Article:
Book vs. Movie: Tinker, Tailor, Soldier, Spy

Title: Tinker, Tailor, Soldier, Spy

Author: John Le Carre

Narrator: Michael Jayston

Publisher: Penguin Group USA

Format: Audio Book

Film/Director: Tomas Alfredson

Cast: Gary Oldman, Colin Firth, John Hurt, Tom Hardy, Mark Strong

DVD Release: 3/20/12

Grade: Audio book–B- / Film–A+

Disclosure: I received a review copy of the audio book from Penguin Group. The opinions expressed in this film are strictly my own, and I received no compensation for this review.  I purchased my own copy of the DVD.

The Book: I strongly suspect I might have scored the book more highly had I been reading it rather than listening to it. It goes back and forth between present and past, and can be hard to follow in an audio version. The narration is splendid. It very much caught my attention right off the bat. I liked it enough that I plan to purchase it for my e-reader and give it a go.

The Movie: The movie has strengths that the audio book lacks in regard to being able to follow whether a scene is set in the past or in the present. So that alone bumps the score up higher. The cast is absolutely stellar. Gary Oldman in the role of Smiley is very compelling, as is John Hurt’s Control. I wonder how I would have perceived the movie had I not listened to the book first–it was interesting watching my husband try to figure things out, but he wandered off to take care of something else and missed quite a bit of it.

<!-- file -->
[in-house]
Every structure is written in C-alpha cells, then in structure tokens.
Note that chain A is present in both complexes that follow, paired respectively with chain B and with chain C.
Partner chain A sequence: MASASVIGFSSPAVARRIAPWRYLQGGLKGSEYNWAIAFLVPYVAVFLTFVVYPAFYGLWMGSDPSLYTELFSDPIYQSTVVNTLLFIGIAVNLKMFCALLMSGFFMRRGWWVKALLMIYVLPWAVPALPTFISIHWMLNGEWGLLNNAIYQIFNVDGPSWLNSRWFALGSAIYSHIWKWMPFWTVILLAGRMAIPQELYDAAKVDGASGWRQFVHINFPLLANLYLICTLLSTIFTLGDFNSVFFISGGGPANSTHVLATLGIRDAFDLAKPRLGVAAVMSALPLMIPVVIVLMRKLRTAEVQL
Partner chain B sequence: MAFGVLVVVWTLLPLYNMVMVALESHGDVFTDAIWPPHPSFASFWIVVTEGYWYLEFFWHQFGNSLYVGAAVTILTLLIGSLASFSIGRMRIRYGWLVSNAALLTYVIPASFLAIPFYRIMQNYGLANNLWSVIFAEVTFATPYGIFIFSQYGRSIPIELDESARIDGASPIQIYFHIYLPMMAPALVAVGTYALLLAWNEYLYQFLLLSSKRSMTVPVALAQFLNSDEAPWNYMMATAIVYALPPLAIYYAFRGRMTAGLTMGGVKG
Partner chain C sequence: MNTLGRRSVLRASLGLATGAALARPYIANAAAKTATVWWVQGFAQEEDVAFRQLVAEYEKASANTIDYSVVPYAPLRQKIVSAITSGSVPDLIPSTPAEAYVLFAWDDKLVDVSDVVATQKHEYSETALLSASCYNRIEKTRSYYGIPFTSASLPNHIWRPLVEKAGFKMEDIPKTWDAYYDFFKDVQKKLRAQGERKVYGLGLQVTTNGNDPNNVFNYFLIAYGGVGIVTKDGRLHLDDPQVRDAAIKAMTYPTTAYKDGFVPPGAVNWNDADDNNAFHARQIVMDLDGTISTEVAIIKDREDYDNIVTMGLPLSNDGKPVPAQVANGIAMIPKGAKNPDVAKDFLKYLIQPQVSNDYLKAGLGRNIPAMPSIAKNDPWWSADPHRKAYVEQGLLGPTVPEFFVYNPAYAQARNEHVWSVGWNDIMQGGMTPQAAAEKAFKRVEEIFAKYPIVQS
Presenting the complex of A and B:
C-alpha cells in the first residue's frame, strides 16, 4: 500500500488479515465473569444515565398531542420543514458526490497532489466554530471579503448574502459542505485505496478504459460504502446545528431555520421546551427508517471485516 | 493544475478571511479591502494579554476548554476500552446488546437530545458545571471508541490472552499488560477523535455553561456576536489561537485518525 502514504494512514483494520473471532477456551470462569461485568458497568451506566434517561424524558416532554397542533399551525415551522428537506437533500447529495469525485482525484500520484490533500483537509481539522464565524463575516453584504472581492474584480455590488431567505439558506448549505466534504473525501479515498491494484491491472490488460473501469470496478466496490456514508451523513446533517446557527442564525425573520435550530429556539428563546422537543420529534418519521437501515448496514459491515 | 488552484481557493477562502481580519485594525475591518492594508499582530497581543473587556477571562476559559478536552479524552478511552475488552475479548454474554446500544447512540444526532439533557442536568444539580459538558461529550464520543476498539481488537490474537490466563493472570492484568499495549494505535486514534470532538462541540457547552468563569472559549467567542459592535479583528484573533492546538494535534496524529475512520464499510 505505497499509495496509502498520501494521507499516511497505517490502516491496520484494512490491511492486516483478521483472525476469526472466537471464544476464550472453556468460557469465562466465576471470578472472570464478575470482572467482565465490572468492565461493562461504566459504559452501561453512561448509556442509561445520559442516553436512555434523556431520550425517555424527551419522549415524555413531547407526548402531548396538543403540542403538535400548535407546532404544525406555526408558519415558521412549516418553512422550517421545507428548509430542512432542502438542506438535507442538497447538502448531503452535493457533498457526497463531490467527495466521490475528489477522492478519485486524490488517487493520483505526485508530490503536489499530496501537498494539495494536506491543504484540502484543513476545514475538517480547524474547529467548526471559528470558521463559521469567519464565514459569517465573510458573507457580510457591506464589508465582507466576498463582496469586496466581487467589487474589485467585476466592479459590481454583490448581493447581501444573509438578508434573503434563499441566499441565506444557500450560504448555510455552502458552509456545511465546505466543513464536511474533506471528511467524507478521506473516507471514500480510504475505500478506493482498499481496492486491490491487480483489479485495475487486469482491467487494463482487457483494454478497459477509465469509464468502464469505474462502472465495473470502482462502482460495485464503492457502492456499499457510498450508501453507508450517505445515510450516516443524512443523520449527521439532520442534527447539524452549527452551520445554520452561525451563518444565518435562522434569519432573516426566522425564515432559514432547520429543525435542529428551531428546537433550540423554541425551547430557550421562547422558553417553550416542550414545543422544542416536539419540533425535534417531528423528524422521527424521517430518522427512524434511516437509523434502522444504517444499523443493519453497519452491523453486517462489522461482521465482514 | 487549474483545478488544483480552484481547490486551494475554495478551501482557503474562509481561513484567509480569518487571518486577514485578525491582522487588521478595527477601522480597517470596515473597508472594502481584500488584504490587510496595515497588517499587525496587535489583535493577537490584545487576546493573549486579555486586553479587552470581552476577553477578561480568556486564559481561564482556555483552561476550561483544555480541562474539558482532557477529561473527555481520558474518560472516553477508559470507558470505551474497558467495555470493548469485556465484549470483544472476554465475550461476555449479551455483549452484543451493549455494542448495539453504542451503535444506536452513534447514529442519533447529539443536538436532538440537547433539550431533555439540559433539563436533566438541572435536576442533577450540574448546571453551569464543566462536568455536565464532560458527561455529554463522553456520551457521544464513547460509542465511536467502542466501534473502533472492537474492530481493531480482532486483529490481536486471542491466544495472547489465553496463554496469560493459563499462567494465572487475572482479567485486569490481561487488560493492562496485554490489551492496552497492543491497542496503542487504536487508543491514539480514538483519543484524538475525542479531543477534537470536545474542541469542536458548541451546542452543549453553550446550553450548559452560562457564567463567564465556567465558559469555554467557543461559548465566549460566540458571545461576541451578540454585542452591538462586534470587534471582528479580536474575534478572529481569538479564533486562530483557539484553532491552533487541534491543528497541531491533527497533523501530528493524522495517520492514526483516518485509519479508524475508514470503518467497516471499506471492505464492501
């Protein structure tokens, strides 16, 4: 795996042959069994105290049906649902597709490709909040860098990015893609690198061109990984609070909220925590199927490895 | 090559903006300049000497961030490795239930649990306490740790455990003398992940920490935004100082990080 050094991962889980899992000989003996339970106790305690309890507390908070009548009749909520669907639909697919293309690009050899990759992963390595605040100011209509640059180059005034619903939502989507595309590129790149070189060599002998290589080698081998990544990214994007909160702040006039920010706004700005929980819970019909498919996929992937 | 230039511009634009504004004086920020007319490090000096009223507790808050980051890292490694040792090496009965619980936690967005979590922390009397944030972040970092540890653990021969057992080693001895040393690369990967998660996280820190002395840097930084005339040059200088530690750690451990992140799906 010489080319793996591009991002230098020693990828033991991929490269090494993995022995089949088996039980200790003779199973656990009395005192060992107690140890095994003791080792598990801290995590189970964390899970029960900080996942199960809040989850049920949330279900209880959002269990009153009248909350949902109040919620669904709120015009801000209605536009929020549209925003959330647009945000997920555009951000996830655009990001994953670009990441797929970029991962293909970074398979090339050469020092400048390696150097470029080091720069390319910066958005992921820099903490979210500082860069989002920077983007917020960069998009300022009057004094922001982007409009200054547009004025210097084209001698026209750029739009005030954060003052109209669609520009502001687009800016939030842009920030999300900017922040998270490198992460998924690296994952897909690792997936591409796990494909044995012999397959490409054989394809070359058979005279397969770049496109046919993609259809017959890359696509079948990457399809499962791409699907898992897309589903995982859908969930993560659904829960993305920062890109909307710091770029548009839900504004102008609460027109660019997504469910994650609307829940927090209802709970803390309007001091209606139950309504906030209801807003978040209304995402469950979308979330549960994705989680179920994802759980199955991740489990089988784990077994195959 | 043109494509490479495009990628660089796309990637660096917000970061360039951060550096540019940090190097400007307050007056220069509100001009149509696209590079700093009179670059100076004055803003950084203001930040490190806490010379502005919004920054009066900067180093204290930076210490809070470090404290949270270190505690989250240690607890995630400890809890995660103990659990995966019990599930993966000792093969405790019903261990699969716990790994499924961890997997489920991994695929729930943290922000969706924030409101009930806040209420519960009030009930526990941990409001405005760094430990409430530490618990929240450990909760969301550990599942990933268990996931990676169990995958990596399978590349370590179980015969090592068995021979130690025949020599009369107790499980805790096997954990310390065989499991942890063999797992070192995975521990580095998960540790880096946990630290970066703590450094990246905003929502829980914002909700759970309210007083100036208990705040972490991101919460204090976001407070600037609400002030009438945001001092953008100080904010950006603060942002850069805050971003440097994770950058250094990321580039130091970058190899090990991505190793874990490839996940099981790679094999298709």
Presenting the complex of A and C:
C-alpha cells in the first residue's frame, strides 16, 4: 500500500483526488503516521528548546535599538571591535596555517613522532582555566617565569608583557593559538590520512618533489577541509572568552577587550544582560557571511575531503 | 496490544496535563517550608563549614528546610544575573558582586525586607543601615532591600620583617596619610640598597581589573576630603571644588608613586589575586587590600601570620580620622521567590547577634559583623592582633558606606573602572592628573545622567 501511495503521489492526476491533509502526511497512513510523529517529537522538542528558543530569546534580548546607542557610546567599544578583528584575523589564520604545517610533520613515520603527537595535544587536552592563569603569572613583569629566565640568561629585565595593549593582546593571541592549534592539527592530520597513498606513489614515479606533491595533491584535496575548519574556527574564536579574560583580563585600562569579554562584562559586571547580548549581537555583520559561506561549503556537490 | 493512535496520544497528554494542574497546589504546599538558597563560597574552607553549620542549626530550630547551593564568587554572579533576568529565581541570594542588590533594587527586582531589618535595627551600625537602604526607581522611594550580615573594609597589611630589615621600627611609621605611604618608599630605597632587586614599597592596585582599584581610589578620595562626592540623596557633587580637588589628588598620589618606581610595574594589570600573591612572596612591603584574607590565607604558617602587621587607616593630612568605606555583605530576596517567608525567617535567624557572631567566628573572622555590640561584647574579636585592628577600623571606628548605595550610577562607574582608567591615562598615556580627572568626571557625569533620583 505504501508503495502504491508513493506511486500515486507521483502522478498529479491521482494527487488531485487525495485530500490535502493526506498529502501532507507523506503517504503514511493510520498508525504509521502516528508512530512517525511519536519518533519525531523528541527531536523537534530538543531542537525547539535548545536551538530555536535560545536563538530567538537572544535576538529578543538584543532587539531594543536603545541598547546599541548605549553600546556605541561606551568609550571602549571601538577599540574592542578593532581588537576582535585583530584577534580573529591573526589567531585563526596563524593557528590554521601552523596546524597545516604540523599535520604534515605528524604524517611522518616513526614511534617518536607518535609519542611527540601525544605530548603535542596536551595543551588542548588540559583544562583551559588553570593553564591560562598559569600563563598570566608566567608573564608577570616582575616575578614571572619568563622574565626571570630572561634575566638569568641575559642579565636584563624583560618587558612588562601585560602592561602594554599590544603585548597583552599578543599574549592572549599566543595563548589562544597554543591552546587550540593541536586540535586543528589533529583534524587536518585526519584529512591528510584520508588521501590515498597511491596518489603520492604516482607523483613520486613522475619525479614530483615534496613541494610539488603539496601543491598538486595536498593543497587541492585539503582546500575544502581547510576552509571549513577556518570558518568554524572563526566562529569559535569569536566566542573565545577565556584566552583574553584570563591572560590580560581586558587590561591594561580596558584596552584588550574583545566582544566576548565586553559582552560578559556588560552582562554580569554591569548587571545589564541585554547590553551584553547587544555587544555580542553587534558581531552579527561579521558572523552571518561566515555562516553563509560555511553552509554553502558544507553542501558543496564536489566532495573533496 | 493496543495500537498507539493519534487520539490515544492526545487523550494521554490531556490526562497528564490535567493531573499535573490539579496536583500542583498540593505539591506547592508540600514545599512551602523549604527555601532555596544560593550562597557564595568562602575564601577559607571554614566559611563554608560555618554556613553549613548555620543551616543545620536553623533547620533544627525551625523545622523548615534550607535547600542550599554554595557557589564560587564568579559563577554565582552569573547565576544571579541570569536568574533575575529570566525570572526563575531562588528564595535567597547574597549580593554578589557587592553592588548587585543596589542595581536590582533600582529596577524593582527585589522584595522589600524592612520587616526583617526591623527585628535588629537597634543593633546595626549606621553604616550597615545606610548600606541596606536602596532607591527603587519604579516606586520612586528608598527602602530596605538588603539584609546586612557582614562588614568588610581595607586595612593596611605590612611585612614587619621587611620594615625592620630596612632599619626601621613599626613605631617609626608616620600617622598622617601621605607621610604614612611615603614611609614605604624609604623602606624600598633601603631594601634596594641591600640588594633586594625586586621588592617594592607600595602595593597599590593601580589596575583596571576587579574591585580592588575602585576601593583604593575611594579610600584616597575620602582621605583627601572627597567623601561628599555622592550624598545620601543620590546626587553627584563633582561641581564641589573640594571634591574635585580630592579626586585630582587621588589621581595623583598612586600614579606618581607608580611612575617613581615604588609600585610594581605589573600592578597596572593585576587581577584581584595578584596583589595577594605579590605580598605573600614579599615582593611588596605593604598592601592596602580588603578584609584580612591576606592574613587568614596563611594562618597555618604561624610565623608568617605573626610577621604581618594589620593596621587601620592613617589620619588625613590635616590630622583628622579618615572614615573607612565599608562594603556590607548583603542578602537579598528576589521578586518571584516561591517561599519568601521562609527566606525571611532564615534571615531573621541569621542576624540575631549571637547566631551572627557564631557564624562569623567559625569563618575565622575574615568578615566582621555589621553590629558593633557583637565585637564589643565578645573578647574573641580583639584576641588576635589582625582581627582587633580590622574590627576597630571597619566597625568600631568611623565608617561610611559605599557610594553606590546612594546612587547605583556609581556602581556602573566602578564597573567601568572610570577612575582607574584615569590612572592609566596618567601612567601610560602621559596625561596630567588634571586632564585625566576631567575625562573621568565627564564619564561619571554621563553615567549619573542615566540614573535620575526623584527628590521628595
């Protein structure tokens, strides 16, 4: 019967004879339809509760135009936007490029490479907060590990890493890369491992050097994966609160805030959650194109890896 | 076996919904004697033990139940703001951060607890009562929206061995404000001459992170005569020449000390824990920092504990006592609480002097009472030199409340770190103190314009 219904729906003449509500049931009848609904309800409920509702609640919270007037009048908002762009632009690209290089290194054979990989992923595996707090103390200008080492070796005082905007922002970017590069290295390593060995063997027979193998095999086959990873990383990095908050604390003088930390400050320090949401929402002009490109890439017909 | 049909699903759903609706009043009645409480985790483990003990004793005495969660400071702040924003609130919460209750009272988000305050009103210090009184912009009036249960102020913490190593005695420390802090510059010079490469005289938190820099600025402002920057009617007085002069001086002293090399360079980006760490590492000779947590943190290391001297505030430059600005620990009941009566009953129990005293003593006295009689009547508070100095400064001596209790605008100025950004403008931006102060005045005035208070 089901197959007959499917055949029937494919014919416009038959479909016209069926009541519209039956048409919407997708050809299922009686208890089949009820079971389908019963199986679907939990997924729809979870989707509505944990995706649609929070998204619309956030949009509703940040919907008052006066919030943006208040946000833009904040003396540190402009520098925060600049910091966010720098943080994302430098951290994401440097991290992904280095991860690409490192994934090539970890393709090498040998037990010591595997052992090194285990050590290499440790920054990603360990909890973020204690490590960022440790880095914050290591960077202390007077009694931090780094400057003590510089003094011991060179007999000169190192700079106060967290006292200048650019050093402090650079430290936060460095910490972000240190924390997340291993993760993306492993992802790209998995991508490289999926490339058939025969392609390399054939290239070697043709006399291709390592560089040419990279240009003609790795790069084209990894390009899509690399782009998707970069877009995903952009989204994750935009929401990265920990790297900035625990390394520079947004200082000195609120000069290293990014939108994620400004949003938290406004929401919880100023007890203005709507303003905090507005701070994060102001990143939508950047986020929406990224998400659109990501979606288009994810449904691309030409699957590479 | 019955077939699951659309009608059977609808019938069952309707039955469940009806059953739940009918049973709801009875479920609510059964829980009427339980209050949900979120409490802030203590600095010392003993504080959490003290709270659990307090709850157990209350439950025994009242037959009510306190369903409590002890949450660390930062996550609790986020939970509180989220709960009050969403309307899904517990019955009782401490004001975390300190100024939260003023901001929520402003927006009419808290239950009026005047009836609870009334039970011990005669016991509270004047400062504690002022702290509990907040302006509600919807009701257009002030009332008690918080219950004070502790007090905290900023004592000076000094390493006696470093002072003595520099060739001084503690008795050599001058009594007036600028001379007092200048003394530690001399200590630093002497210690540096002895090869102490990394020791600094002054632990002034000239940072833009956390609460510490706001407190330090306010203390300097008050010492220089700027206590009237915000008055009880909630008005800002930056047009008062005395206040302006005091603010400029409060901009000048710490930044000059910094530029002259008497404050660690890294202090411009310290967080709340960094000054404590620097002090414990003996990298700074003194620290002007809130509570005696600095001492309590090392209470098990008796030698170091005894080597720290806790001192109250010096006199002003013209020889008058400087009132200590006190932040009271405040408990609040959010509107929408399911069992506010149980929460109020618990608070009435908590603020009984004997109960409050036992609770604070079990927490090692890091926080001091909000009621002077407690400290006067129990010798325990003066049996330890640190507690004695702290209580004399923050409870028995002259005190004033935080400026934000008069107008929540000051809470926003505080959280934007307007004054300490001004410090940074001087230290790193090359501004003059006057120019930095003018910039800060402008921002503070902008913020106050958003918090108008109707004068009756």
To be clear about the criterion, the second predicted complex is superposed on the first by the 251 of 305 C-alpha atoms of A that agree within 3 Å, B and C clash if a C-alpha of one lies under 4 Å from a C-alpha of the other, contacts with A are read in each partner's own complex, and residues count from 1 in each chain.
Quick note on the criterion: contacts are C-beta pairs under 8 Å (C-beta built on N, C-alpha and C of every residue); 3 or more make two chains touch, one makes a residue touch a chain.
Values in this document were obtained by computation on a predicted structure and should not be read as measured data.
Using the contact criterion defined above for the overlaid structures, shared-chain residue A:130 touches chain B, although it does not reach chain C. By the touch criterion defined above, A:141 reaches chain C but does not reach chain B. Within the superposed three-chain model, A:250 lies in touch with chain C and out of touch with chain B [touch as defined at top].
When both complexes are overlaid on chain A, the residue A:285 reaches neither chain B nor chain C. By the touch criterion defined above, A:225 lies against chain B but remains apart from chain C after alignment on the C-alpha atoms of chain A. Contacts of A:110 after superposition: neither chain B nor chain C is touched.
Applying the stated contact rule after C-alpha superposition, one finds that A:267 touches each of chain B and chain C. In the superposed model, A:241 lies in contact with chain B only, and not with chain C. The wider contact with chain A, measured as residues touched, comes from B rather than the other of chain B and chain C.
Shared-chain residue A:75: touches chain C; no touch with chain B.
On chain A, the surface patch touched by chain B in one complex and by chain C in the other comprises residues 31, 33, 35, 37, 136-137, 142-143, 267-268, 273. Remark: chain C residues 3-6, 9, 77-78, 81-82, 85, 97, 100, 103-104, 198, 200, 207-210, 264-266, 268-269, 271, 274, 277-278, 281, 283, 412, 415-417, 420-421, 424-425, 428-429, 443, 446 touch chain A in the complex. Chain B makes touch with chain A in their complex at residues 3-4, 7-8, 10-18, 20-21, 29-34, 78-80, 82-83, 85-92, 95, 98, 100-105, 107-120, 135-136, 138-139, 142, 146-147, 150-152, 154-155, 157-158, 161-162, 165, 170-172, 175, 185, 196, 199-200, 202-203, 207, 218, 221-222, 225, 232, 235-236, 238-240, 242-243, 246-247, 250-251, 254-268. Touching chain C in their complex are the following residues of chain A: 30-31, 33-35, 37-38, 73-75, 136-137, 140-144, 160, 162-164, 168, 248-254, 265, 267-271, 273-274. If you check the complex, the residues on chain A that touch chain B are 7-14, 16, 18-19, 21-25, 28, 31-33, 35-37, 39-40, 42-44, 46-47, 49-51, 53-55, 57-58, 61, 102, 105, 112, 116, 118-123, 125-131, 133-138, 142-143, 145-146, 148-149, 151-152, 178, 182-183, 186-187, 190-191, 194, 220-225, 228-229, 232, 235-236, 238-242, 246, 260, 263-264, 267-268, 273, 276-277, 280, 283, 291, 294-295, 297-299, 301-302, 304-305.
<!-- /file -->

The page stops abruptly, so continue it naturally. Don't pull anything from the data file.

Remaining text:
One thing that I loved how the way the movie handled it was Smiley’s estranged wife, Ann. She’s a character in the novel only in how Smiley and others have perceived her, how they remember and talk about her. In the movie we see her back, but we never once get to see how she really feels or what she really knows about anything. It was brilliantly done.

Book vs. Movie? I can’t believe I’m saying this, but Movie. All the way.

About a thinker

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4 Responses to Book vs. Movie: Tinker, Tailor, Soldier, Spy

  1. Trisha says:

    I’ve been wanting to read/watch this for some time, but you have me convinced now! There are so few book-movie combos where the movie is better. I have to see it now.

  2. I found the movie difficult to follow – one I would need to watch more than once to understand all that is going on. Without having read the book first, even with the movie I had some trouble figuring out when things were happening. By the end of the movie I pretty much had things figured out, but it was difficult to get into for me.

    • Julie, interesting point. I wonder if perhaps my being confused through the audiobook made the movie easier to follow. Joe did have a little trouble following what portion of the movie he watched, until I finally told him that whenever he saw John Hurt, it was a scene from the past. Maybe you would actually enjoy the book more because of that? If you decide to read it, please stop back by and let us know what you think. It’s always fun hearing others’ opinions of something I’ve read/watched. Thanks for visiting!

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